2- Apple offers AppleCare, which to my opinion is the best warranty and repair service out there. They usually are able to help you if you have problems, and if you need repair they help you as well in all the process of repairing it.

    3- Macs are known to be well builded and last a lot of time. You could easily keep it for 4 or more years.

    4- Apple is not that a small company, in fact, they are bigger than Dell. Link.

    5- OS X is a very stable system, with no viruses, no spy-ware, etc.

    6- The MB is has the perfect size for college, it is a very thin computer.

    And many more small advantages.
    Of course, Dell must have some advantages also (I can't believe I am saying this:D ), but all-in-all, Macs are great computers.
  8. Sun Baked macrumors G5

    Sun Baked

    May 19, 2002
    The Macs and PCs are generally similar spec wise, except that the Macs typically use a few different chips (firewire, wireless, ethernet PHY) so they don't qualify for a Centrino sticker.

    Then you have a few extra ports that notebooks typically don't have, like powered FW400/800.

    Not really a big deal unless you need to plug in some of the cameras.

    Basically since the switch to Intel, Macs and PCs are very similar -- the only difference is in port configurations and the ability to run the Mac OS.

    Because Apple isn't tied to the Centrino sticker, it allows them to switch to newer wireless chips and/or modify the configuration a little more freely without an Intel tax.

    You can always look here for some of the specs and basic Mac configuration graphics.

    This new Santa Rosa (mobile 965) MacBook Pro


    Will look a lot like the graphics on the Intel site in the Mobile 965 Chipset Section.
  9. redrdstr macrumors newbie

    May 19, 2007
    First of all, I know where your dad is coming from since I am also an Electrical Engineer. It's all about the numbers and when I looked at it, the numbers are comparable. The only benefit with going with Dell is that Dell actually has coupons and you could possibly get the same system for a whole lot cheaper. Apple on the other hand, does not have any coupons or discounts other than the educational discount.

    Why should you buy a mac? First of all, ask yourself, why are you using Linux? I bet you're using Linux because of the versatility of it and how much more stable it is than windows. OS X is built upon UNIX and that is pretty darn stable as it is. Do you want to buy a Dell machine which runs Vista, which would probably be very buggy or would you much rather use an OS that is much more stable and has been out for a good long while (Tiger). Also, for all the engineering apps, do not use Parallels, it will crash, that is a fact!
  10. Wolfpup macrumors 68030

    Sep 7, 2006
    I guess others have answered this, but Apple is far from outside the mainstream. They're one of the largest notebook manufacturers (I don't remember what number off hand-seems like 4 or 5?) Their warranty is considered the best in the entire industry by Consumer Reports, so you definitely wouldn't get better support from Dell (not that there aren't horror stories on here about Apple too, but...)

    Basically if the hardware is comparable to a Windows PC you're looking at, I don't see the downside. At worst, you could install Windows and ignore OS X, but it does give you a third OS choice not available on other systems.

    I like Dell also, and own both brands, but especially since the switch to Intel I don't see any real drawbacks to going with Apple unless the hardware doesn't meet your needs for whatever reason.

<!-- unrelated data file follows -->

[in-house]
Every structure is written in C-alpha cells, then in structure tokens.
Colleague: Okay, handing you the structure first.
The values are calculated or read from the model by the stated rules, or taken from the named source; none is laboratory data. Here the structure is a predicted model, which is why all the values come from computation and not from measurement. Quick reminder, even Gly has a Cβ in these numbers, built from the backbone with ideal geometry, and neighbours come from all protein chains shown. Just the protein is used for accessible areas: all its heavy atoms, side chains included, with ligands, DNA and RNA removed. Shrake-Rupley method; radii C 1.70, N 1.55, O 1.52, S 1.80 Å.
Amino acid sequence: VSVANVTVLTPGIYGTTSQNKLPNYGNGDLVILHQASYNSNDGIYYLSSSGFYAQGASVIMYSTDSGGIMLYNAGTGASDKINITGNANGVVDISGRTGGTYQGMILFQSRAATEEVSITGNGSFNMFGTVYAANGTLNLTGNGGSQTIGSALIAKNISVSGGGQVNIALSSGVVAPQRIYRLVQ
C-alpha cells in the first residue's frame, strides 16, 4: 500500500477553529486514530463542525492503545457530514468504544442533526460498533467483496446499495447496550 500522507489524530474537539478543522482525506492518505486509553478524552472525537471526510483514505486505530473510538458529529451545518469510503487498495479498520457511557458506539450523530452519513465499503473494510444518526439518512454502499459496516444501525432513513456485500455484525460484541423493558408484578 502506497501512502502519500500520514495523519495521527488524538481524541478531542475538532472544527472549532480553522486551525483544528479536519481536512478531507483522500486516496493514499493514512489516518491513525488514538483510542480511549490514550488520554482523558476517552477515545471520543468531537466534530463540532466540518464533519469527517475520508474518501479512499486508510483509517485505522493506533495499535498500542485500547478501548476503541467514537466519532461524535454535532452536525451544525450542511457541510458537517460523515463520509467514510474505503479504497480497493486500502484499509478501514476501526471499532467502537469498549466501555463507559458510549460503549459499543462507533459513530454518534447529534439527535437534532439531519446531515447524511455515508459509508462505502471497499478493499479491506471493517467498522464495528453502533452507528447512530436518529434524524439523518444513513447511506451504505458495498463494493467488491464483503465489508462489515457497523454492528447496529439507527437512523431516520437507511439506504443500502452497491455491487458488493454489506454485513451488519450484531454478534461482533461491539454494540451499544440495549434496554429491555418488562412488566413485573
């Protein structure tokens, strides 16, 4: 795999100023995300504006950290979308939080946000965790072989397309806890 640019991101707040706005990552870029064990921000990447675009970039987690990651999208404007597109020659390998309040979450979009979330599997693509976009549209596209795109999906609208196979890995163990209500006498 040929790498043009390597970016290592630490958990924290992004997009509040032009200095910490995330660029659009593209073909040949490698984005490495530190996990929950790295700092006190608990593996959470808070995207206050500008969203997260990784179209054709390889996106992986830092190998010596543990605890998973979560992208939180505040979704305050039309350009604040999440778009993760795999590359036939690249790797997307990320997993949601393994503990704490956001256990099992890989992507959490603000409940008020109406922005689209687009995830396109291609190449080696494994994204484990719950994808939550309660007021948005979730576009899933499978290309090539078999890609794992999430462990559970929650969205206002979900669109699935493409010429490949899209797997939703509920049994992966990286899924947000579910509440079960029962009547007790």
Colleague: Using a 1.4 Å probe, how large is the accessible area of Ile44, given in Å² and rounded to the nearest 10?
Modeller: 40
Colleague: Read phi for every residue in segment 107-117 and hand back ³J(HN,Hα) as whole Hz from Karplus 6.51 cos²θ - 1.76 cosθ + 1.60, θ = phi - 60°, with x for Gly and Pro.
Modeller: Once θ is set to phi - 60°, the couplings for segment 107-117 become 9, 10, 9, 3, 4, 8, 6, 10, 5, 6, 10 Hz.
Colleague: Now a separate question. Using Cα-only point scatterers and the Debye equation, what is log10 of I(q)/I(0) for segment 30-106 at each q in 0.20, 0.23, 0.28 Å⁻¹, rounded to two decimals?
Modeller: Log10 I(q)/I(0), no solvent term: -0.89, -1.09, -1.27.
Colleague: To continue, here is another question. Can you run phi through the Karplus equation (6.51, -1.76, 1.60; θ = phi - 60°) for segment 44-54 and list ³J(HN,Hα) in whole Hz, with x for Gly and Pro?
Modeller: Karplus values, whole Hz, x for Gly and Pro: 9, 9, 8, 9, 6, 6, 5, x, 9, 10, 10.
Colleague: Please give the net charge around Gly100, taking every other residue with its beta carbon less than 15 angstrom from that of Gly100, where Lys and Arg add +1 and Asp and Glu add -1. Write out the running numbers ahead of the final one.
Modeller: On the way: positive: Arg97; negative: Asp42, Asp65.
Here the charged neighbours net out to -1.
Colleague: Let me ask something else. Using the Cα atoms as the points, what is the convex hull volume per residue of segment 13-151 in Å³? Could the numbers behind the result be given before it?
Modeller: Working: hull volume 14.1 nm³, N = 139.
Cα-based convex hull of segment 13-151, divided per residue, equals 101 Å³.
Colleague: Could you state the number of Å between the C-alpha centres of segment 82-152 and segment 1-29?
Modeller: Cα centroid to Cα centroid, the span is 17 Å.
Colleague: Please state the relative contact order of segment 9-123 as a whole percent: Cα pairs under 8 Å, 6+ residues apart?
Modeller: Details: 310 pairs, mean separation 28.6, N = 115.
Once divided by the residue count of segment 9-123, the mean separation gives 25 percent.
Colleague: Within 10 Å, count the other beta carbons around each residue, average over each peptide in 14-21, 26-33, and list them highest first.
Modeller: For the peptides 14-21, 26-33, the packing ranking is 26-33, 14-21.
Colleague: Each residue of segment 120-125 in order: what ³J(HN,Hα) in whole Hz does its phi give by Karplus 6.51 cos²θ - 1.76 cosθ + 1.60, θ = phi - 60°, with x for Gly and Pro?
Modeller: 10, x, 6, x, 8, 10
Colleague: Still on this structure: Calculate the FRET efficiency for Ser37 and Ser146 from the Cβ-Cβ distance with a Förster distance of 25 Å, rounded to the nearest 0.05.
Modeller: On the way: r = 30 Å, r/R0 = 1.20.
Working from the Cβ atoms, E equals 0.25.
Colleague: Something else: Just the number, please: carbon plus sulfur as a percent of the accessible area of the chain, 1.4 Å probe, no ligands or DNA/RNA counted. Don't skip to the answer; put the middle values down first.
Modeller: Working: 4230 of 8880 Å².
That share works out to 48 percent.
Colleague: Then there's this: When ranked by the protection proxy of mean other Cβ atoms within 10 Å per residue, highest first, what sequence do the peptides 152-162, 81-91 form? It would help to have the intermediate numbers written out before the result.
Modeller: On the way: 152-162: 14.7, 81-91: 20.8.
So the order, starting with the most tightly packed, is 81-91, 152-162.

To me, the two drawbacks to the Macbook are the small screen size (the few I've seen in person look great, but I'd rather have at least a 15"), and the integrated graphics. If you want a system for gaming (or need good 3D for something else), you'd have to spend more. Toshiba and Dell probably offer the best bang for the buck for gaming, though Apple's Macbook Pro with it's Geforce 8600GT is solid too (actually not much different price or performance from what you can get from Dell's e1705 with a Geforce 7900GS).

    EDIT: That's a good point above about Unix. There's a lot of software that will compile on both OS X and Linux without modification, which is pretty cool.

    I haven't used VMWare or Parallels, but a coworker says VMWare has a lot better product. They've got a free beta right now. Of course you can always reboot directly into Windows also.
  11. Roba macrumors 6502

    Mar 18, 2006
    The differences between Mac and PC's are blurring over time. This all started to happen first with the switch to Intel.

    I do agree though that Mac's are more secure than Windows and that is the main difference. I have never had to bother about any virus protection whilst using a Mac.

    I have had good and bad Applecare service. I don't know though if they are all that better than other good PC support services. Some companies will come out and fix your computer at home or pick up and collect if you have a problem. Apple though has changed their repair service at least in the UK. If you have a problem now you have to take your computer to a service centre as opposed to Apple collecting and returning it as they used to do before. That knocks some points of for me and makes their customer service nothing much out of the ordinary.
  12. fwhh macrumors regular

    Aug 11, 2004
    Berlin, Germany
    I'm a student of electrical engineering, and I can only recommend a MBP for this. Most of the special software is written for windows, but with Parallels it all works really great. The performance of MATLAB is really surprising in parallels. As I do a lot of image processing at the moment, I can say that in Parallels my MBP outperforms all those Dell-XP-Boxes in our labs...
    Go for a Mac, and you will have more time for your studys as you don't have to patch/repair/fix windows all the time.
  13. aliquis- macrumors 6502a

    May 20, 2007
    I'd say only reason to go with the Macbook is if you want to run OS X. If you don't like it or don't care just get a Lenovo/LG/Sony/whatever laptop with preferably 12" screen, as light weight as possible, eventually flash based drive instead of regular HDD and as good battery life time as you can find.